As he readies the citizens of Connecticut for his version of “shared sacrifice”, taxing middle class workers to balance a bloated state budget, Dan Malloy can’t resist taking a shot at New Jersey’s Governor who somehow managed to balance a budget in far worse shape than his own. Stay for another great Christie video. Courage!
That’s one of the lines Malloy delivered in his budget message to the Connecticut legislature today … but showed little himself in comparison to the man he called in the New York Times today, “bombastic.”
Mr. Malloy grew up with dyslexia and physical disabilities. He still cannot write or type. And as he closes a 20 percent budget deficit, he spends much of his energy finding ways to spare the most vulnerable.
But what is most striking about Mr. Malloy, a Democrat, is that just six weeks after taking charge of such a mild-mannered state, he is publicly taking shots at his celebrated counterpart in New Jersey, attacking his politics and policies, his intellect, even his personality.
“Being bombastic for the sake of being bombastic,” Mr. Malloy said, “has just never been my take on the world.”
Like Mr. Christie and Gov. Andrew M. Cuomo of New York, a Democrat, Mr. Malloy, 55, is a former prosecutor: he tried felony cases in the Brooklyn district attorney’s office before moving to Stamford, where he was mayor for 14 years. He has inherited a state hobbled by bad fiscal habits and bills that piled up as hard choices were avoided.
Unlike his counterparts, though, he has set out to prove that even in an age of austerity one can govern as a defender of the social safety net.
So the NY Times makes sure it informs you of the Governor’s disability, it fails to report that a large part of the fiscal mess Malloy inherited was the result of Democrat control of the Connecticut House and Senate, legislators who just could not say know to state workers union demands.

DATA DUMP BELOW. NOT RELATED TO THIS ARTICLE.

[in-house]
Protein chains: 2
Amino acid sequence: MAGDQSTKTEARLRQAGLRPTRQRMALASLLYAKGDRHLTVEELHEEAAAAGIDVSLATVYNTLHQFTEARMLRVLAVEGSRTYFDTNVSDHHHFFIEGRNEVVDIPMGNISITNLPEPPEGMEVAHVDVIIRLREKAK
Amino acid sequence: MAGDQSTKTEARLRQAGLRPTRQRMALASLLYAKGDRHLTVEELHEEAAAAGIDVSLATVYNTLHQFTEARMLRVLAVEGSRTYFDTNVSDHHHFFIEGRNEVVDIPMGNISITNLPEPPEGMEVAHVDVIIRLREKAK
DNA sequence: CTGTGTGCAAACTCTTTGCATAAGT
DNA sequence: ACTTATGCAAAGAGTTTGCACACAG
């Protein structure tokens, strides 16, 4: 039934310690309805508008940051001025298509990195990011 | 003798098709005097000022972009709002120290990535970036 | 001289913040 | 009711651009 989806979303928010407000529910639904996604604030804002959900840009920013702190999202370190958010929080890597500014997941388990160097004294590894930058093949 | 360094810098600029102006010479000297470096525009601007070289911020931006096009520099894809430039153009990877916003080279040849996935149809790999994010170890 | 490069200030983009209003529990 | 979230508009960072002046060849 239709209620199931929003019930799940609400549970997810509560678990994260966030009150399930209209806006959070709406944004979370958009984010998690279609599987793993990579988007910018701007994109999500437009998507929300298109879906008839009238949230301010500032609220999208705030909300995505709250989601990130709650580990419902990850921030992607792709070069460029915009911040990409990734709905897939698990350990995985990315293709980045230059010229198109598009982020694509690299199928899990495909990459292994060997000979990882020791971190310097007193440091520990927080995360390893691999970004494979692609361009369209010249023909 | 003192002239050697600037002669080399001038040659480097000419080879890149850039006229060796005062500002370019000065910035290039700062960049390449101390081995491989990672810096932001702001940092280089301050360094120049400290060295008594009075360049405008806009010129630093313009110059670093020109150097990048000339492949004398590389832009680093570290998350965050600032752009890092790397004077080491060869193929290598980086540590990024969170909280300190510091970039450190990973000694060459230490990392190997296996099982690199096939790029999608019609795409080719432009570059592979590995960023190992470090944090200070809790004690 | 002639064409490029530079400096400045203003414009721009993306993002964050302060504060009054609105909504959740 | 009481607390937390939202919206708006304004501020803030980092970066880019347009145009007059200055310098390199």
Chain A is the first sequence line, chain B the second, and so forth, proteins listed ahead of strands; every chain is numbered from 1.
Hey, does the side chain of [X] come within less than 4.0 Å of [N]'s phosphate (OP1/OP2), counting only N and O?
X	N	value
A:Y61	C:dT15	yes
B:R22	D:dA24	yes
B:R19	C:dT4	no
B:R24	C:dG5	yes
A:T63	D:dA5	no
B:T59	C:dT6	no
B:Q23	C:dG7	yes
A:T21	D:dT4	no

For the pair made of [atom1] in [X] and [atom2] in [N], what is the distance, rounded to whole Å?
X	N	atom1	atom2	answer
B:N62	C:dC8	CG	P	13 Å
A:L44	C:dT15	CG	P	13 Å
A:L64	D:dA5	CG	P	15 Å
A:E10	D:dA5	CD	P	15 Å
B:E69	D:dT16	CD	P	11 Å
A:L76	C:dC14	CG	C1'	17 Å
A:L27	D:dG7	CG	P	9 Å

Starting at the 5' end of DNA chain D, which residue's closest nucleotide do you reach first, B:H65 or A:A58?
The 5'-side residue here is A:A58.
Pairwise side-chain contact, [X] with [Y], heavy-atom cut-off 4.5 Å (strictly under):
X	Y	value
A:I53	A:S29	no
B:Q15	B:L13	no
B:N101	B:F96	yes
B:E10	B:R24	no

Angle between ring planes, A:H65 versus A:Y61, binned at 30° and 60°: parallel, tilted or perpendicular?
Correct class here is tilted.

And while Governor Malloy has proposed nearly $3 billion dollars in new taxes over two years to balance a $3.5 billion dollar deficit, Governor Christie has been balancing his state’s budget without increasing taxes.
Last June, Governor Chris Christie got the budget he wanted. Declaring that the state cannot spend money it doesn’t have, Christie pushed through a $28.374 billion budget — the smallest in seven years. Christie also vetoed a Democratic bill to temporarily restore higher income tax rates for those making over $500,000. Instead, he cut state aid to school districts and municipalities, slashed property tax rebates and forced transit fare hikes and tuition increases.
For months, Christie and state Treasurer Andrew Sidamon-Eristoff have made it clear that they intend to follow the same script with the upcoming FY12 budget. Dismissing better-than-expected income tax collections through November as an aberration, they have repeatedly warned school and municipal officials not to expect any more money this year.
In fact, while Malloy, without any regret increased the income tax rate on middle class workers, Christie vowed to veto a similar request in NJ. And if the the Democrats threaten a shutdown … he’ll go home, have a beer and watch the Mets, until they’re ready to do business. The money line comes at 4:00.
In contrast, Connecticut’s Governor chose to increase revenue sharing to cities and towns, kicking the education bloated budget problem down the road.
Gov. Dannel P. Malloy not only spared Connecticut’s cities and towns from the budget axe, but set them up to gain $129 million in new annual revenue by 2013 through increased taxing powers and new shares of the state’s revenue streams.
The governor, who served as Stamford’s mayor for 14 years through 2009, effectively called forstatutory grants to remain constant at $2.8 billion next fiscal year, though his plan actually increases the net total by a marginal $7.9 million.
But Malloy, who frequently charges that Connecticut is too reliant on a regressive property tax system that overburdens the middle class, also would launch two new property tax categories, double the real estate conveyance levy in most communities, and give communities new shares of revenue tied to retail sales, hotel stays, music performances and car rentals.
And while he did ask state unions for a billion dollars in concessions … the operative word is “asked”. He offered nothing concrete because the $2 billion dollars in concessions do not exist, at least not yet … if ever.
Dan Malloy might be better served keeping his mouth zipped for a bit and instead of taking unprovoked whacks at Governor Christie, who actually has a record … taking a fiscal lesson instead.